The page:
Sen. Kane: $100 M State Contracts Must Be Vetted by a Competitive Process

December 15, 2011

Article as it appeared in the Hartford Courant on December 14, 2011

Another UConn Prison-Health Worker Files Lawsuit

By JOSH KOVNER, [email protected]
The Hartford Courant
5:52 p.m. EST, December 14, 2011

An eighth employee of the UConn Health Center’s correctional healthcare division has sued the center, alleging a pattern of workplace discrimination and retaliation by bosses, a central theme in six of the seven previous federal lawsuits.

The parade of lawsuits has fueled criticism from some legislators over the health center’s $100 million, no-bid agreement to provide mental-health services and medical care to the prison system. In addition to the workplace issues, there have been concerns over excessive overtime costs and a lack of efficiency.

In the latest lawsuit, veteran nurse clinician Lee Siuzdak charges that her bosses were angry with her after she took two approved family medical leaves, one to care for her dying mother, and the other to address her own mental health issues after her mother’s death.

When she came back to work, her supervisors, after learning for the first time of her personal mental-health issues, took away her nursing duties and ordered her to sit in the infirmary and watch another nurse a computer or stand in a small medical room and observe two other people work, the lawsuit charges.

Siuzdak told The Courant that she has been in treatment for a mental-health condition for much of her life and that she functions well in the workplace with minor accommodations.

Lawyer Thomas Bucci of Bridgeport argues in the lawsuit that when Siuzdak’s bosses stripped her of her duties, they were in violation of federal court decrees and orders requiring that mental-health staffing be provided on second shift in prison facilities.

In October, Siuzdak applied for a vacant position of advanced nurse practitioner. Though she had the required schooling, training, and experience, she was denied the job, she says in the lawsuit.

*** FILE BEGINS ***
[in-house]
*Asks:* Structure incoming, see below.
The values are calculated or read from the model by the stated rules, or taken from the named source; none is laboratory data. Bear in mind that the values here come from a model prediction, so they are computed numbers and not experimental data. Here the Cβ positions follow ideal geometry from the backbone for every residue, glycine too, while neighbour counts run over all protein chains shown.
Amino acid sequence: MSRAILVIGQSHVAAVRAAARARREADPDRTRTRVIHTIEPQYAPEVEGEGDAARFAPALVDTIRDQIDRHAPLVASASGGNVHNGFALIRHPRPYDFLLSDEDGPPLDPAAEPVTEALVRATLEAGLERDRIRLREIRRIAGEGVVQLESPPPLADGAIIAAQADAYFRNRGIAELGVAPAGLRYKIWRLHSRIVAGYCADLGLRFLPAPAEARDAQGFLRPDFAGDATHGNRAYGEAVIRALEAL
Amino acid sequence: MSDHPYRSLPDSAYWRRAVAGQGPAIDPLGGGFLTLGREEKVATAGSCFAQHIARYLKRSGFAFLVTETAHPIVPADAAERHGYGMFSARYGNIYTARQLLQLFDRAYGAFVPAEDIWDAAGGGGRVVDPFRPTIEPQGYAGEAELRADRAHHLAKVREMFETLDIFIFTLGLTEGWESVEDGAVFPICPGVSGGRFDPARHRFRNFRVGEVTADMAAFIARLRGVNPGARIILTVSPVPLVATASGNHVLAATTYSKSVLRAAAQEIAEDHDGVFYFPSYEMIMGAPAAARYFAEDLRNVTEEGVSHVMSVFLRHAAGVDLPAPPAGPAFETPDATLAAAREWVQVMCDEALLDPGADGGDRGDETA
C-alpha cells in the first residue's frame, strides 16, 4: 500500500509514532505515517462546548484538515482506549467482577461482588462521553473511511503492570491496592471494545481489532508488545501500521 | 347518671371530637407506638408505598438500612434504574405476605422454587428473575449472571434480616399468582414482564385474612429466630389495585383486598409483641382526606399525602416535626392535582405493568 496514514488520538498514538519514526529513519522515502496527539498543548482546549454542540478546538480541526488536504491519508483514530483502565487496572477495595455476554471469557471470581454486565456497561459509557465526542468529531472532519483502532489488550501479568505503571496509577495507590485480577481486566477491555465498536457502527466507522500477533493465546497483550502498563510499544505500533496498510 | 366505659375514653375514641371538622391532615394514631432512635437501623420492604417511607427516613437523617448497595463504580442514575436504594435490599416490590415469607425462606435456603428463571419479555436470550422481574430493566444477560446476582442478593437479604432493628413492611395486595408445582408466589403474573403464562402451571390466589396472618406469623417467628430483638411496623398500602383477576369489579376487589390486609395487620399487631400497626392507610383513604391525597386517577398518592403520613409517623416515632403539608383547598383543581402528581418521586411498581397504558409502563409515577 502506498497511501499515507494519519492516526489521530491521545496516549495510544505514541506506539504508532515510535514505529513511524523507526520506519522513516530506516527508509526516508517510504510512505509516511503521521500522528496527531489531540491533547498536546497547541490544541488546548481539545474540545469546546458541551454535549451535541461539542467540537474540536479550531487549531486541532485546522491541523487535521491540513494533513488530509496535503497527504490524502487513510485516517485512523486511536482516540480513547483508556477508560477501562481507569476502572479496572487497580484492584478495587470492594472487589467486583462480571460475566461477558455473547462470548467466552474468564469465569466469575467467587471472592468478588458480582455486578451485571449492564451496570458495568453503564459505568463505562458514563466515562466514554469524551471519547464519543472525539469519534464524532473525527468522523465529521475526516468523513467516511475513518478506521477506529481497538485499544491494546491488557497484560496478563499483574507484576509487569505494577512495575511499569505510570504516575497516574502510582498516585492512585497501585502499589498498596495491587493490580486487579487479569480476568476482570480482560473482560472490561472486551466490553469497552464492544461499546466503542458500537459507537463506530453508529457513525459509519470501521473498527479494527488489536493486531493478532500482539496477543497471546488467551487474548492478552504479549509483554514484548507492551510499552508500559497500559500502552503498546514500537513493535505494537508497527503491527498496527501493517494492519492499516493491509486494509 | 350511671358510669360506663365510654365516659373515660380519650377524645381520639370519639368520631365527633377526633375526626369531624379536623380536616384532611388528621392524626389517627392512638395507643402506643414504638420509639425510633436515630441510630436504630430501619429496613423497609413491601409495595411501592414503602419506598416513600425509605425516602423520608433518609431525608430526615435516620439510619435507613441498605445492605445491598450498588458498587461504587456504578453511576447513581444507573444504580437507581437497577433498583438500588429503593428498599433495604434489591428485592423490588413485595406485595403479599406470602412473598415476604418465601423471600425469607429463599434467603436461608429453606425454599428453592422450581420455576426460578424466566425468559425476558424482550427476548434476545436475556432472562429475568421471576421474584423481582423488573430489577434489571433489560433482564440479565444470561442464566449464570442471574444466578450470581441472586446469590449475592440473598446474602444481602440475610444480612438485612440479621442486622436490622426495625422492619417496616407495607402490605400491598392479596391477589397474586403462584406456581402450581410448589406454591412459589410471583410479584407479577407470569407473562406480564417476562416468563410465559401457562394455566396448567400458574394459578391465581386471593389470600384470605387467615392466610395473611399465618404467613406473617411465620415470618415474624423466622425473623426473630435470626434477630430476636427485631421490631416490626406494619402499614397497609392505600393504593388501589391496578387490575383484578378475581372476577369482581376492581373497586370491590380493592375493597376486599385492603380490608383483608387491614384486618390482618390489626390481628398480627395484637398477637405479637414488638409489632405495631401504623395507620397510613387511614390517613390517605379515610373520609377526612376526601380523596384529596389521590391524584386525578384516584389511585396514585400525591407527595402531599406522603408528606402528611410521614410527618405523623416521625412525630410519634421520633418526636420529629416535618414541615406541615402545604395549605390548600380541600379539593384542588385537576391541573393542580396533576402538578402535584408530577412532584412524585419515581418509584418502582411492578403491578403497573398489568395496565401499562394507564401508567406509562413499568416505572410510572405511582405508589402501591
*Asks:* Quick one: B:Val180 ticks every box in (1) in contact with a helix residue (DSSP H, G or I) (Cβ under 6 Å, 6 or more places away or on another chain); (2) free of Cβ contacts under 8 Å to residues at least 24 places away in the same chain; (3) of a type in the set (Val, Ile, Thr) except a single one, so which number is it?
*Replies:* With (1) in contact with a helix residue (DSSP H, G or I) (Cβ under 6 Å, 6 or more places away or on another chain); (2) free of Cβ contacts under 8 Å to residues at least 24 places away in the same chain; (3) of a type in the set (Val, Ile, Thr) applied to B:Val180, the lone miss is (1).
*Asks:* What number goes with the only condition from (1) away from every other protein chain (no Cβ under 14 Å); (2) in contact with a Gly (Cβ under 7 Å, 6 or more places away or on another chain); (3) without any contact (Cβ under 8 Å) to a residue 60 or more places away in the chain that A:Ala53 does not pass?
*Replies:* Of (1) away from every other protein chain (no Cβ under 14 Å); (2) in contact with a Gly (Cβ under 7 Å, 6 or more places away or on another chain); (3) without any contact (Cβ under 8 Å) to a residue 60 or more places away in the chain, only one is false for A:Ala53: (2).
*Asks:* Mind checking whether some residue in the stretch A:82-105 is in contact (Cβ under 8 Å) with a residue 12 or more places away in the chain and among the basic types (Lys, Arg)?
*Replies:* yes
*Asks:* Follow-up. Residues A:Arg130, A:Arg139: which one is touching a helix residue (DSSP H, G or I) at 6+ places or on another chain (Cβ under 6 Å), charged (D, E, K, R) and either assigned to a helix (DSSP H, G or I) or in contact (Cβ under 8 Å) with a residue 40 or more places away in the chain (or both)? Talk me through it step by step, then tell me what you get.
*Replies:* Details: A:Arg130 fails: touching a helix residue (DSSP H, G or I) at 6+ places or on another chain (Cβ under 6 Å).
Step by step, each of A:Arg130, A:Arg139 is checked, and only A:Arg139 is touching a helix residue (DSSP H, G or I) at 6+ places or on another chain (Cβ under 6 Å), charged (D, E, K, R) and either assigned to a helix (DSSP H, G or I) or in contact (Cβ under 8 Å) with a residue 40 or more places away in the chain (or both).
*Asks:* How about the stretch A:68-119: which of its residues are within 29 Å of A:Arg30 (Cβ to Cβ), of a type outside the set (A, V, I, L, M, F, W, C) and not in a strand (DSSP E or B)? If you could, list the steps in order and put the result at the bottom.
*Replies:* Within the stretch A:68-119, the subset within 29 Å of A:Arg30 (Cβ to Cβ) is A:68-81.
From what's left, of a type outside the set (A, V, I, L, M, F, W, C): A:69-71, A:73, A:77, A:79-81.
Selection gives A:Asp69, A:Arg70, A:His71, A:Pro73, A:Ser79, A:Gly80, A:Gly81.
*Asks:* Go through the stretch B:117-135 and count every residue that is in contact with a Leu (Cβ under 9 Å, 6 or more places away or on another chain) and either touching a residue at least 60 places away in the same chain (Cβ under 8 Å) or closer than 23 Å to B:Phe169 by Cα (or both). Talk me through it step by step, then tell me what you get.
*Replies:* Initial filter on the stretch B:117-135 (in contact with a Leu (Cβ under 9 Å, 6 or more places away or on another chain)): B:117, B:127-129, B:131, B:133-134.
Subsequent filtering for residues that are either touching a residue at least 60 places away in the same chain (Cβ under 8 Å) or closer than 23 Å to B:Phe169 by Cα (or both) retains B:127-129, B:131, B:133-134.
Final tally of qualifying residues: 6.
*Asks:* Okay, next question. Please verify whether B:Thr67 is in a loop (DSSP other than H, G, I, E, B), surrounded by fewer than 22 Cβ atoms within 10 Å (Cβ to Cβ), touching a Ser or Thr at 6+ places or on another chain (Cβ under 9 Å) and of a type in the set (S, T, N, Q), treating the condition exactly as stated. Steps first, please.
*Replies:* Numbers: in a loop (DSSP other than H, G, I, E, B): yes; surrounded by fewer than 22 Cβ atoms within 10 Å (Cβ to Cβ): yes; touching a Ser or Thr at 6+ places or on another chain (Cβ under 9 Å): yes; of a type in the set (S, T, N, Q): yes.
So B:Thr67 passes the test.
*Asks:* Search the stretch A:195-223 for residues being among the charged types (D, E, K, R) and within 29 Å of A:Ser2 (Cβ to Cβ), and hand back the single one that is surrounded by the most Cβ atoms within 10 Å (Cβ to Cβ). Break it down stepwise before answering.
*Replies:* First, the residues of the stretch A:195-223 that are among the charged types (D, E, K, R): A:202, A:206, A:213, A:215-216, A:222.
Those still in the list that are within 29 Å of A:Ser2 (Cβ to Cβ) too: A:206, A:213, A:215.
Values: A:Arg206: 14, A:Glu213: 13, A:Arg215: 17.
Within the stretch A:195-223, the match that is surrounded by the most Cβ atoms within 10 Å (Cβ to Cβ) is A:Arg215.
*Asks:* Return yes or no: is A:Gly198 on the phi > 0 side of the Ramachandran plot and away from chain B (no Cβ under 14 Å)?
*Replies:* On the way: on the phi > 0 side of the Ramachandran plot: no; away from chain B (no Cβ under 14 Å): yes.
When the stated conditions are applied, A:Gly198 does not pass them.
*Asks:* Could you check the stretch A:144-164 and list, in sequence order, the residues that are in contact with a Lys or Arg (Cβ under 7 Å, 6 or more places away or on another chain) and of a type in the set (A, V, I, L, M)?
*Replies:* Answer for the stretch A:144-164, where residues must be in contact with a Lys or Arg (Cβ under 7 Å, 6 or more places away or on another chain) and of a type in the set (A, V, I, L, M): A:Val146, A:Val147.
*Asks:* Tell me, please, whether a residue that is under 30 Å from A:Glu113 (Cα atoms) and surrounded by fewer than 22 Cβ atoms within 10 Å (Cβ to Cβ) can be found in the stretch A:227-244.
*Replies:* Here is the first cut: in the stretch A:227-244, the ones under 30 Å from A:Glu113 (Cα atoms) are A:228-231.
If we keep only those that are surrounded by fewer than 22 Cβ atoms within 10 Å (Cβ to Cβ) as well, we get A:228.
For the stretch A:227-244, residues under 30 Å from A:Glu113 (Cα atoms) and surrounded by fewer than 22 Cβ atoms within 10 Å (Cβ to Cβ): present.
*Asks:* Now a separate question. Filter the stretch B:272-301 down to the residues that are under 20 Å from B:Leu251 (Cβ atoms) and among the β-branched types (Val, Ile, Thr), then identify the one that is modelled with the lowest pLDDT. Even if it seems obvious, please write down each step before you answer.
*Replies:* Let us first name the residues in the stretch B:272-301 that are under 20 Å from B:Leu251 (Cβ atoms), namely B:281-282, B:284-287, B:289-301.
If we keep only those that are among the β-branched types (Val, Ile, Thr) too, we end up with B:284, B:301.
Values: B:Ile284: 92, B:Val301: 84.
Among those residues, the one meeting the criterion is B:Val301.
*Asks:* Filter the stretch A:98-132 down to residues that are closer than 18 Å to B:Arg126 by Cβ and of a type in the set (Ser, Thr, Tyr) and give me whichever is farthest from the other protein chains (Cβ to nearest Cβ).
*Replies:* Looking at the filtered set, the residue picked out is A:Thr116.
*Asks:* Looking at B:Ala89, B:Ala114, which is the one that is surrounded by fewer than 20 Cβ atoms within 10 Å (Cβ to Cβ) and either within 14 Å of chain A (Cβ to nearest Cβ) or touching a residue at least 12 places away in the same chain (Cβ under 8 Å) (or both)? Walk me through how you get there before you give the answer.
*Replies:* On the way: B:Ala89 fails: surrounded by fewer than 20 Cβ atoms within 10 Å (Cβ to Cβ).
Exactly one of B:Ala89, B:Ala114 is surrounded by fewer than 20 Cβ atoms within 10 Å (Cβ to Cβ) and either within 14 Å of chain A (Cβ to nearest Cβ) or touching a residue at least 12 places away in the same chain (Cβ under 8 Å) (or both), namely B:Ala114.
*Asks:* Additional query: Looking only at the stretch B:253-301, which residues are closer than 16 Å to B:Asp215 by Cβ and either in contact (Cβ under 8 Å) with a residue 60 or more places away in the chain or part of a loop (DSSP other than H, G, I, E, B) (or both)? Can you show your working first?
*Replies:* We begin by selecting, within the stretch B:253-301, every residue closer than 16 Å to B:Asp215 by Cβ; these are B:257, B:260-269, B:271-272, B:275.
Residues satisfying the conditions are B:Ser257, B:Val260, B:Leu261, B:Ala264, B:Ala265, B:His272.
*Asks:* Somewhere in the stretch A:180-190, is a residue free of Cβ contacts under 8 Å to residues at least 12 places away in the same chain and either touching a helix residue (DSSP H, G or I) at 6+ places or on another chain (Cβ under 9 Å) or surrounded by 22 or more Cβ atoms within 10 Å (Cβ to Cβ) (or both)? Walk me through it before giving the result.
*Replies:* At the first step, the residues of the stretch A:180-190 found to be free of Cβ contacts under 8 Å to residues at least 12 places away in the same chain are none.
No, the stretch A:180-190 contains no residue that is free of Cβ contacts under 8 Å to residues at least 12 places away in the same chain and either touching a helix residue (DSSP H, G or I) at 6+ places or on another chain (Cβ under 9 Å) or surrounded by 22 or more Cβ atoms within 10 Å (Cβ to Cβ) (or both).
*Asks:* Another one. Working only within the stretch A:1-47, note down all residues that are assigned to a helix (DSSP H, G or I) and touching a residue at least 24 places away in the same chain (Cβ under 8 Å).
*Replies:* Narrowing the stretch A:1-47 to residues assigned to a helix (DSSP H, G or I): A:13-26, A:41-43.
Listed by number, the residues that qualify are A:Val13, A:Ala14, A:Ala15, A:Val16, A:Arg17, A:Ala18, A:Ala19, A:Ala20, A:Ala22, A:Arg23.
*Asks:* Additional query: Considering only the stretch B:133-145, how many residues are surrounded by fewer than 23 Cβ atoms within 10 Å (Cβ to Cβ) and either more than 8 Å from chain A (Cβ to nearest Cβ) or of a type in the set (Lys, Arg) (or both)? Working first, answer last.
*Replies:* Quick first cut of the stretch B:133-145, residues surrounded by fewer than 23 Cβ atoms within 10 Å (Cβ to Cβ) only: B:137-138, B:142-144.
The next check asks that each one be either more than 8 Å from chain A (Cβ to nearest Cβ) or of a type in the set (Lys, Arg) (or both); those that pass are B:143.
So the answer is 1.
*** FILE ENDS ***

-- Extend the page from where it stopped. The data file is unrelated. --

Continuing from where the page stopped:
The health center on Wednesday did not immediately respond to a request for comment on the latest lawsuit.

Dr. Robert Trestman, head of the center’s correctional healthcare division, told The Courant in October that the prison health care field is extraordinarily challenging and demanding. Recognizing this, Trestman said, UConn has frequently sent supervisors for added training, with a focus on “changes in management approaches.”

“While it is inappropriate to discuss pending litigation or investigations, I want to take this opportunity to reaffirm our commitment to a safe, respectful and supportive working environment at Correctional Managed Health Care,” Trestman said Wednesday. “The public should continue to have every confidence in the quality of care delivered through CMHC, as well as the program’s transparency.”

Gov. Dannel P. Malloy’s administration has decided to maintain the no-bid agreement between the health center and the Department of Correction.

In the 15 years since the health center took on the prison services, the arrangement has never been subject to competition from private correctional healthcare companies, or public-private partnerships.

Mark Ojakian, deputy secretary of the Office of Policy and Management, reported that the administration was loathe to turn over the operation to a private, for-profit company.

In a letter in November to state Sen. Rob Kane and state Rep. Brian Hurlburt, Ojakian mentioned the poor track record of some of those private companies and added: “We also believe that we need to give our hard-working and dedicated state employees an opportunity to make the improvements necessary to provide a more cost-effective and efficient program before considering altering the relationship…”

Ojakian wrote that a senior-level working group has been formed “to further examine” the delivery of correctional health services, look for cost-saving measures, and consider “the possibility of collaboration with other service providers.”

Kane, R-Watertown, said Wednesday that the main problem is a lack of transparency and accountability.

“Without transparency, you’re going to see more of the workplace issues that are coming up. The way you get to transparency is an open-bidding process.”

Kane said he’s not necessarily pushing for a private company to take over the service. In fact, he said he would welcome a bid from the UConn Health Center, and said the center might very well win in the end. He said the point is that $100 million state contracts need to be vetted by a competitive process.

The seven previous lawsuits allege a hostile workplace, sexual harassment, retaliation by bosses, or racial discrimination.

A ninth lawsuit is on the way. A supervisory social worker at the women’s prison in Niantic is waiting for a release from the U.S. Department of Justice to file her complaint of retaliation in federal court.